Oldest Living Man at 111 Years Young

1,695Views 0Comments Posted 16/04/2024

Above, see John Tinniswood and his Guinness World Records certificate for becoming the world's oldest man.  The 111-year-old has 3 tips for living a long, happy life.  It includes having a broad outlook, doing everything in moderation, and always trying your best. Tinniswood's biggest piece of advice for people wanting to live as long as him is to do everything in moderation.  "If you drink too much, or you eat too much, or you walk too much, if you do too much of anything, you're going to suffer eventually," he said. "Never over-tax your system" if you want a healthy life.  He doesn't follow a specific diet "I eat what they give me, and so does everybody else" — apart from fish and chips, for dinner every Friday.  He doesn't smoke and rarely drinks alcohol, two habits that are great for longevity.  It's also important to broaden your vision.  Don't stay with one thing all the time or you'll be on a narrow path.  But no matter what you're doing, always do the best you can, whether you're learning something or whether you're teaching someone.   Give it all you've got. Otherwise, it's not worth bothering with.  This echoes research linking a positive mindset and a sense of purpose to longevity.  Ultimately, though, Tinniswood thinks he mostly reached his old age out of pure luck.  "You either live long or you live short, and you can't do much about it".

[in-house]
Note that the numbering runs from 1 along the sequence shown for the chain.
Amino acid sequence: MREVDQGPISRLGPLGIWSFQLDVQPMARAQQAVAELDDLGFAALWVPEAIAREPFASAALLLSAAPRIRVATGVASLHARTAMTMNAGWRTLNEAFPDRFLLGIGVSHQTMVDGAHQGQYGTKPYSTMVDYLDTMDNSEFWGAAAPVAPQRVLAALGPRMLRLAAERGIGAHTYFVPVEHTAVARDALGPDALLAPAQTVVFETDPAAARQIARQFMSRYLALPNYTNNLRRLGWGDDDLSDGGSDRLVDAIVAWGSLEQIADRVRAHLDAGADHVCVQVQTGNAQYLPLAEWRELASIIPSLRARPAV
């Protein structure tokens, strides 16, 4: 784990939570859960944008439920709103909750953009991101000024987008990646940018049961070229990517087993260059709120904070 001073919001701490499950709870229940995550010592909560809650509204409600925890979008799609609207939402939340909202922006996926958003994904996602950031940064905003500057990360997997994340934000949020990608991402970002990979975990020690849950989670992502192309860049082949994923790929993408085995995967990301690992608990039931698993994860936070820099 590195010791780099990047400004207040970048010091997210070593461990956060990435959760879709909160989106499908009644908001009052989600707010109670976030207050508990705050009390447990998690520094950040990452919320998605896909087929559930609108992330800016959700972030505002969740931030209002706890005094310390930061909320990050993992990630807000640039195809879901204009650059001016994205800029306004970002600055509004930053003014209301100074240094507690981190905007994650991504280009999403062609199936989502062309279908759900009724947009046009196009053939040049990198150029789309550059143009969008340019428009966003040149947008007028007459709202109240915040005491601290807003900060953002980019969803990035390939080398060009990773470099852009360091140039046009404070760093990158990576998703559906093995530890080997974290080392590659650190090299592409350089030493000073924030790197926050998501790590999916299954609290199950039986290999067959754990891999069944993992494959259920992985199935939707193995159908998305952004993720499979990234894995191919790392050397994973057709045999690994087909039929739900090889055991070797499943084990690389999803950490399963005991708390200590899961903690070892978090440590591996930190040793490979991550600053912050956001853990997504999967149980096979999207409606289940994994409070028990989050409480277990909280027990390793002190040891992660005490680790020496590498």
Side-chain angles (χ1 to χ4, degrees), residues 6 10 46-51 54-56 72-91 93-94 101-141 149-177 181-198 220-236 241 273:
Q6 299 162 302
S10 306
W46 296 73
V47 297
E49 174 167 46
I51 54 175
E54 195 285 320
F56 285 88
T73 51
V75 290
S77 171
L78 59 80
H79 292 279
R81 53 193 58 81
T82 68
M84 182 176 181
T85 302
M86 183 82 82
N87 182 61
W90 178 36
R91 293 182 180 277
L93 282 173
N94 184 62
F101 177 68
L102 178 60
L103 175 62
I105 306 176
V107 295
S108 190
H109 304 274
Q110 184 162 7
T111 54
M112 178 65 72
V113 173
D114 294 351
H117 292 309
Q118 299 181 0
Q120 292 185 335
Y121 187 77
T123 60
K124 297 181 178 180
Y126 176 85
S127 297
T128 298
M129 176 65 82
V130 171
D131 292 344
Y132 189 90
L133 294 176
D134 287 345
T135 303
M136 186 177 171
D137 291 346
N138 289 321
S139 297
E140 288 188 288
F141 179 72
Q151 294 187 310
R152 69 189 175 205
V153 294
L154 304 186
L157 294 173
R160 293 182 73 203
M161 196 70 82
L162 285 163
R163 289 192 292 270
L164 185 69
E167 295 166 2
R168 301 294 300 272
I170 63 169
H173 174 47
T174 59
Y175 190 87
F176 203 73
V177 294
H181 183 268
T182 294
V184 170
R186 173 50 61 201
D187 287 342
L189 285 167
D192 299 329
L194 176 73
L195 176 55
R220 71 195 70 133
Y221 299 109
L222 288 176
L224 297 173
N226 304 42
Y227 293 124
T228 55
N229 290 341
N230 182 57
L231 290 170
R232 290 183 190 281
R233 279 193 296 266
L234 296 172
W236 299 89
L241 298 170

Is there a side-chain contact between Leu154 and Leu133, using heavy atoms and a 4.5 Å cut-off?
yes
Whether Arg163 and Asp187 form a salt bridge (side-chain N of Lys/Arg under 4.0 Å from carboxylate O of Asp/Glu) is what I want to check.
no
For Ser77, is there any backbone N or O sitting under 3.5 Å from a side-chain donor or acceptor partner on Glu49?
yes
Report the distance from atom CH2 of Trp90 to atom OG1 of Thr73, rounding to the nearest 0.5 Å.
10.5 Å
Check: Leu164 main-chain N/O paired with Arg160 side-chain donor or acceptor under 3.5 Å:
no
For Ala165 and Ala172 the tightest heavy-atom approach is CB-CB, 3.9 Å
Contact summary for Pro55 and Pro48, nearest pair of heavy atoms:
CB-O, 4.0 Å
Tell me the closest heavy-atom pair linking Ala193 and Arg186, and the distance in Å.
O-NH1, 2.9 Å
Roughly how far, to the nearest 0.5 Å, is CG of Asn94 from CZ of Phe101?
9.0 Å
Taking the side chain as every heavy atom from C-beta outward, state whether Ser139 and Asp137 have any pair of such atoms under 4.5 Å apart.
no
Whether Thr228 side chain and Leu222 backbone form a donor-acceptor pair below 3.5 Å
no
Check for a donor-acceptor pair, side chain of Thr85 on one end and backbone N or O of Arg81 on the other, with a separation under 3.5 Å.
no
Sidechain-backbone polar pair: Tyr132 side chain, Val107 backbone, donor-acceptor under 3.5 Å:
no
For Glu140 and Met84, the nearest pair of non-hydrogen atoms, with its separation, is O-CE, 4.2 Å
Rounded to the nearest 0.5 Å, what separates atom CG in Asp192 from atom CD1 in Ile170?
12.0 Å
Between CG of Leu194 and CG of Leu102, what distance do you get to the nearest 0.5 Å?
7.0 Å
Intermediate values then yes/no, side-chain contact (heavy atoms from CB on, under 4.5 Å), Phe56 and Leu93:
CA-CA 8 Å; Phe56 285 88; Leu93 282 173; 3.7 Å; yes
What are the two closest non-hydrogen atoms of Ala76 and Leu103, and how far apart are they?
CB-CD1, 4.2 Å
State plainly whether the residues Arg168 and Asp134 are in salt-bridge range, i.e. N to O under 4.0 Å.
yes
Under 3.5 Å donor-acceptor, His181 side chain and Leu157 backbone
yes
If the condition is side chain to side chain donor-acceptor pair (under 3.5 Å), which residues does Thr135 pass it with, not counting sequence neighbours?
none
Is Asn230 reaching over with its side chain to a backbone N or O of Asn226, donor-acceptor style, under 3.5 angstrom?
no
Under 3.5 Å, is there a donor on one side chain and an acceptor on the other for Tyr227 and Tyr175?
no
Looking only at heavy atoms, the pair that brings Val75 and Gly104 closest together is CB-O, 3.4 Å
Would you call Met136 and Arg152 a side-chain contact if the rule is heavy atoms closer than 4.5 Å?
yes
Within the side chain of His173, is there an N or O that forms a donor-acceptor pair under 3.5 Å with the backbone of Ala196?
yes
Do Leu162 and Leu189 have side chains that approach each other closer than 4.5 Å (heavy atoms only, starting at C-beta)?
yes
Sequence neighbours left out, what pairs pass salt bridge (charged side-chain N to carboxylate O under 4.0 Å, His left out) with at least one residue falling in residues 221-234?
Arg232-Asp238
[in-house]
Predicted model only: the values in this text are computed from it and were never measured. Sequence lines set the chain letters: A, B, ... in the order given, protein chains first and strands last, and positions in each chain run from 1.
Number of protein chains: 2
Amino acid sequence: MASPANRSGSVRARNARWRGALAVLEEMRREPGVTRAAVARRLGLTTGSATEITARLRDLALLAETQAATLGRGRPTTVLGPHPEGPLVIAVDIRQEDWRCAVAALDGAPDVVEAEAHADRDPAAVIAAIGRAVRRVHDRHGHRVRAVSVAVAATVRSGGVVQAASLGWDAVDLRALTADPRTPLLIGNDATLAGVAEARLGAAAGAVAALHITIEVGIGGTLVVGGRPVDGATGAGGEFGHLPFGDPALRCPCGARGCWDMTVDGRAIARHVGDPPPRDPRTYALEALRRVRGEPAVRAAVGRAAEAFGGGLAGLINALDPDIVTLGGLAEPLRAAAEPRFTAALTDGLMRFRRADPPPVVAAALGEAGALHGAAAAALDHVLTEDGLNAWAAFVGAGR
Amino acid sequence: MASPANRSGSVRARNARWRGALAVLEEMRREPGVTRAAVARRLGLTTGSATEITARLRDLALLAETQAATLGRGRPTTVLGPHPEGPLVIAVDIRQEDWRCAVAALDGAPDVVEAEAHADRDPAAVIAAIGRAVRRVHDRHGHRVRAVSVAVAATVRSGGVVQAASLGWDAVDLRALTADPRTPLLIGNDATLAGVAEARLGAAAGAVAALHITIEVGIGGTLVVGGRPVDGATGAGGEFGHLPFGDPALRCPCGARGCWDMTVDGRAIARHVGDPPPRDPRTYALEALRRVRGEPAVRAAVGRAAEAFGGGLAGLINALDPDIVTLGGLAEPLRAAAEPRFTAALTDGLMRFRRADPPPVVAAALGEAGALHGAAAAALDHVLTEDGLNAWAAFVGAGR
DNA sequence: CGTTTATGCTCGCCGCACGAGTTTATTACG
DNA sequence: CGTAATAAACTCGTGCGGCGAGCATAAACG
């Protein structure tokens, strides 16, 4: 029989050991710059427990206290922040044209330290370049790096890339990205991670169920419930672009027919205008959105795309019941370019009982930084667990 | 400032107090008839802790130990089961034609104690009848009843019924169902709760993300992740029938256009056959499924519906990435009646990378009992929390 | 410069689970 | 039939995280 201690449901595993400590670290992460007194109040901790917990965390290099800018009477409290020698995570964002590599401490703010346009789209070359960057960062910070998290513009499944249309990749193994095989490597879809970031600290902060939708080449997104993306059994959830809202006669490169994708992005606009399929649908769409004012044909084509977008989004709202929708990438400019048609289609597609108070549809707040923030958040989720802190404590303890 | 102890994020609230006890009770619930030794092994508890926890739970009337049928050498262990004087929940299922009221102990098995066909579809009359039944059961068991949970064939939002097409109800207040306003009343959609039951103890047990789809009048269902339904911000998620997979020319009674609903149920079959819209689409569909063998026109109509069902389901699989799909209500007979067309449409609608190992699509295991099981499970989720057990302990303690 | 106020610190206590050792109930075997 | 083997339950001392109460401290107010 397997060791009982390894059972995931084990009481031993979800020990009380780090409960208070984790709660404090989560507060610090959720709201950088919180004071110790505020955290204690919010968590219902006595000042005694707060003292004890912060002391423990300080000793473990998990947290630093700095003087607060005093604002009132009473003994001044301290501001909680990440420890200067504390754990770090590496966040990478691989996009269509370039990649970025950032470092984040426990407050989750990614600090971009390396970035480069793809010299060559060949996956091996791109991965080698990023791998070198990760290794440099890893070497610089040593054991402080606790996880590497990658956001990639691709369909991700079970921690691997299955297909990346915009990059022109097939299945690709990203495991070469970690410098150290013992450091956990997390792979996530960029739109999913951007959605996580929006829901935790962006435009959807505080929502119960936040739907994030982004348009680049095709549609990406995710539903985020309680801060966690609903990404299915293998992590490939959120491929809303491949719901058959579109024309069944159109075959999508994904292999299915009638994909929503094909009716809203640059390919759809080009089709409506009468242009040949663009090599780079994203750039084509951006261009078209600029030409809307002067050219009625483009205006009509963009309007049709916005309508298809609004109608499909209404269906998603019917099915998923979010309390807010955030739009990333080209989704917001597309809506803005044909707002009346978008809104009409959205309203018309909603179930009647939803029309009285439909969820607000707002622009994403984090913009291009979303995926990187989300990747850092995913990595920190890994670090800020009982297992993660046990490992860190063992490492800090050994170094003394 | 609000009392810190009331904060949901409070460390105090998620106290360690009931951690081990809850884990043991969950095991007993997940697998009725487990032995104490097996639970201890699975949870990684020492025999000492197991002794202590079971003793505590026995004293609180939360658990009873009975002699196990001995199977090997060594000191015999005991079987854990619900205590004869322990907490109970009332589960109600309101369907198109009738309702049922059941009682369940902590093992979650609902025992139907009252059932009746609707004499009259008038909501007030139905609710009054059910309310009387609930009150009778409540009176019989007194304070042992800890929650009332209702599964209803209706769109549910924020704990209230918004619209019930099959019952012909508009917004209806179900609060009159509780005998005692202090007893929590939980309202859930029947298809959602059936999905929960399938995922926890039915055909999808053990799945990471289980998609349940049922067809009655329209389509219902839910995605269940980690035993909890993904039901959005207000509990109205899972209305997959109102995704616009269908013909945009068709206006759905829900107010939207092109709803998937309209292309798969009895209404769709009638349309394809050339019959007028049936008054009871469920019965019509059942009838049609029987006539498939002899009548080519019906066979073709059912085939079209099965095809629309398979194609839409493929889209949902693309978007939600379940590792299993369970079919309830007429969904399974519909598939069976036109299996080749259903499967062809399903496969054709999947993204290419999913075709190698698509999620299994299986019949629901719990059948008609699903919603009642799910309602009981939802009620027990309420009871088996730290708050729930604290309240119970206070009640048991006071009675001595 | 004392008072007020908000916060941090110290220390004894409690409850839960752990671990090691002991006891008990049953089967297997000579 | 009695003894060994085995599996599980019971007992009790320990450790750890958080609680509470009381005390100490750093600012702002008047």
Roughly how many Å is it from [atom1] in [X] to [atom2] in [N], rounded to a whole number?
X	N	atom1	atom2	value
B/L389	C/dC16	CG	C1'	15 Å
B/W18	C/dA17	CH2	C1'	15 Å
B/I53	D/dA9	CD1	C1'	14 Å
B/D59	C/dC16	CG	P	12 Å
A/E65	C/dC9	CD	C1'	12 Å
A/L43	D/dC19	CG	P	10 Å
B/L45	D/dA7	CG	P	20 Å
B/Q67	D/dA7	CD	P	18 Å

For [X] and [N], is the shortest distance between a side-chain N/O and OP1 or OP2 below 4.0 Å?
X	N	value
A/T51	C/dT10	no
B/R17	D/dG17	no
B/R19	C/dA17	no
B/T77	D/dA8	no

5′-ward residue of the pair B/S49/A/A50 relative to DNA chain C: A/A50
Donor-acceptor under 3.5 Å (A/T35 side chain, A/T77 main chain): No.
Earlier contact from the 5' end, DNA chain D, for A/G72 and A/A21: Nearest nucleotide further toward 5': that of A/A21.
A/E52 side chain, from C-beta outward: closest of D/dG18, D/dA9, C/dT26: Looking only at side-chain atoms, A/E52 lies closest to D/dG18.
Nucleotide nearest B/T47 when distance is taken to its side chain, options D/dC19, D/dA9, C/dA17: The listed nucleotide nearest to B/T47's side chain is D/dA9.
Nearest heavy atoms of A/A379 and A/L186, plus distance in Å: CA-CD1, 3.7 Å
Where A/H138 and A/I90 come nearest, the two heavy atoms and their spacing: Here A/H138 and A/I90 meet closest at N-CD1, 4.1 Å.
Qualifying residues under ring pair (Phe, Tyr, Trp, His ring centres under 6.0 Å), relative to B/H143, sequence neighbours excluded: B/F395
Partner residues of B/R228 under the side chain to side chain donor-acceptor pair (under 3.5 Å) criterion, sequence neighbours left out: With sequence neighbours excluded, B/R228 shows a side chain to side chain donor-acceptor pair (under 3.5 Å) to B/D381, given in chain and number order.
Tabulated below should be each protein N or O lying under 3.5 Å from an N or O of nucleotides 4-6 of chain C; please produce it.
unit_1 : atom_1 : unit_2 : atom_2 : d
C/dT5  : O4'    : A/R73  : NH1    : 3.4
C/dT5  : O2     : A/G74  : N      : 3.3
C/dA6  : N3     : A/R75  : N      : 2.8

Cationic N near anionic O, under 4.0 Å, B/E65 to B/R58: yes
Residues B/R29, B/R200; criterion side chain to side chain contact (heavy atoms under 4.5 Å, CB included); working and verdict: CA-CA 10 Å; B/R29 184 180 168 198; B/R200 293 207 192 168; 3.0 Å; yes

In the UK in 1912, the Suffragettes were vandalizing post boxes to win the right to vote and the Titanic was registered in the port city of Liverpool before its maiden, and only, voyage. Also registered in Liverpool in 1912 was the birth of John Tinniswood, who has just become the world's oldest man.  Tinniswood, who lives in Southport, UK, was born on August 26, 1912, making him 111 years and 226 days old. Guinness World Records declared him the world’s oldest man earlier this month, after the titleholder, Juan Vicente Pérez of Venezuela, died at the age of 114 and 311 days.  Tinniswood is also the world's oldest surviving male World War II veteran.  He served in an admin role for the British Army Pay Corps, which involved logistical work like organizing food supplies and locating stranded soldiers.  He then worked in admin and accountancy for the Royal Mail, the UK's postal service, as well as Shell and BP before he retired in 1972.  Tinniswood was married to his wife, Blodwen, who died in 1986, for 44 years. The couple had four grandchildren and three great-grandchildren.  The staff at his residential home describes Tinniswood as a "big chatterbox".   Even at 111 years old, he is mobile and independent, managing his own finances and getting out of bed unassisted.  Tinniswood is unphased by his new title, telling Guinness World Records it "doesn't make any difference to me at all. I accept it for what it is." 

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